WASHINGTON (Feb. 4, 2014) — Manufacturing job losses are a top priority for American voters across the political spectrum, according to the results of a new poll conducted for the Alliance of American Manufacturers (AAM).
The poll, conducted in January by Mellman Group and North Star Opinion Research, also showed that voters blame the federal government’s policies as the main obstacle to creating jobs in the manufacturing sector.
“Lawmakers have a clear, bipartisan mandate from the public to take bold actions that will create jobs,” said AAM President Scott Paul regarding the poll.
According to the AAM, 72 percent of those polled said they were “worried the most” or “worried a great deal” about manufacturing jobs as a political issue—a percentage of concern matched only by the federal budget deficit.
By a 62-34 margin, voters rejected the idea that service and high-tech jobs can replace manufacturing jobs in the U.S., the AAM said. Thirty percent of those polled blamed U.S. economic policies for job outsourcing, and 15 percent blamed the lack of a national manufacturing strategy, it said.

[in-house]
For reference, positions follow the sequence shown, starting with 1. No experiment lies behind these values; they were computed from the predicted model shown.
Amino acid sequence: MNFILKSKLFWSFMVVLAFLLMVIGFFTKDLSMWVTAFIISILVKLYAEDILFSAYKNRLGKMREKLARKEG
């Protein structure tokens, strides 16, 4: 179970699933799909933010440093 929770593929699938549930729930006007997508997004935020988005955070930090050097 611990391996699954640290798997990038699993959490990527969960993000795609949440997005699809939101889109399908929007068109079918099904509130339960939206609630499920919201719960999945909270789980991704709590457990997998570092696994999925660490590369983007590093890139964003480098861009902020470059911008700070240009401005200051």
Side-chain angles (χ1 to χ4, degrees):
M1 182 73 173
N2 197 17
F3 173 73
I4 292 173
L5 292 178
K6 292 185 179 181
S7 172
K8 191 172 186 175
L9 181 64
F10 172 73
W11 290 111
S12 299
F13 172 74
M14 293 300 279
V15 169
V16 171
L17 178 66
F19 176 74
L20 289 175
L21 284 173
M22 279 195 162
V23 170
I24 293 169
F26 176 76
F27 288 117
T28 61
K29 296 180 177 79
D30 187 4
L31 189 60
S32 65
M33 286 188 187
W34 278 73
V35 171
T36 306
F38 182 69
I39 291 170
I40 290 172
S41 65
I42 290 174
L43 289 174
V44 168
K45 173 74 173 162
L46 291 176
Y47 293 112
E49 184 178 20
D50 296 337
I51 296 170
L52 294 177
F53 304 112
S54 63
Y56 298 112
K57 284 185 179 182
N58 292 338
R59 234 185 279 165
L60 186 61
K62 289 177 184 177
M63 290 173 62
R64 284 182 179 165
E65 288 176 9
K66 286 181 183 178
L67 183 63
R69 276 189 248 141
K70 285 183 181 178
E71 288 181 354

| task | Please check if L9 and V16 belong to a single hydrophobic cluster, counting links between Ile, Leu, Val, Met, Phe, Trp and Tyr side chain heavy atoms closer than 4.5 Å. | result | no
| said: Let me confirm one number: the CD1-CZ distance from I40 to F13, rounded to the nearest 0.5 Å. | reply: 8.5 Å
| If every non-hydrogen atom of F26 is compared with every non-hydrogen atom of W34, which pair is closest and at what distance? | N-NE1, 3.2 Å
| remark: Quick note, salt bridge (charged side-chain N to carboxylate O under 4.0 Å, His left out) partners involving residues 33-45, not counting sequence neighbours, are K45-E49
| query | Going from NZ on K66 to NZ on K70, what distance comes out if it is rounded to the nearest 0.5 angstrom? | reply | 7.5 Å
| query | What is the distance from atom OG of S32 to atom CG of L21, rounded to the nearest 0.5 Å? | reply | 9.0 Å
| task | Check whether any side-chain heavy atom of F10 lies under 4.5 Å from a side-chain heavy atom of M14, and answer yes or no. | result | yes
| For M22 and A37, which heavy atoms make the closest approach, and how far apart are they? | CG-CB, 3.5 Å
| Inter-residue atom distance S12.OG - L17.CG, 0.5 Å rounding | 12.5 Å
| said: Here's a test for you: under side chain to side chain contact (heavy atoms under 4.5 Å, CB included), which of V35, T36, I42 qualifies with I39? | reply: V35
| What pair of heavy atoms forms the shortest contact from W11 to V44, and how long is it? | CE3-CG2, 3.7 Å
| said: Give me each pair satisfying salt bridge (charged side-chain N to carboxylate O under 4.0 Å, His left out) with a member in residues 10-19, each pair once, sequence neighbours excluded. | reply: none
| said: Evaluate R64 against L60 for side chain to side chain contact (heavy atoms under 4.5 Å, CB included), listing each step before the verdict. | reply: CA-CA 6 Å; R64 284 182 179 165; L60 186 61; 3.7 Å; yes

Nearly two-thirds of voters (65 percent) blamed outsourcing as the reason for the lack of manufacturing jobs in the U.S., according to the AAM. This compared with 28 percent who blamed a shortage of skilled workers in the U.S. and 25 percent who blamed the cost of manufacturing in the U.S.
Eighty-four percent of those polled—including 87 percent of Democrats, 82 percent of Republicans and 82 percent of independents—supported a national manufacturing strategy to make sure U.S. tax, economic, educational and trade policies are designed to support manufacturing in the U.S., the AAM said. A clear bipartisan majority also supported federal and state worker training programs, trade agreement enforcement, tax incentives for manufacturer investments and cracking down on unfairly subsidized imports.
With the threat of more tariffs looming, how concerned are you about a trade war?
|Very. It could lead to another recession.||
37% (53 votes)
|It will be good for the U.S.||
19% (27 votes)
|It’s too early to tell.||
31% (44 votes)
|We have bigger problems than this.||
13% (19 votes)
|Total votes: 143|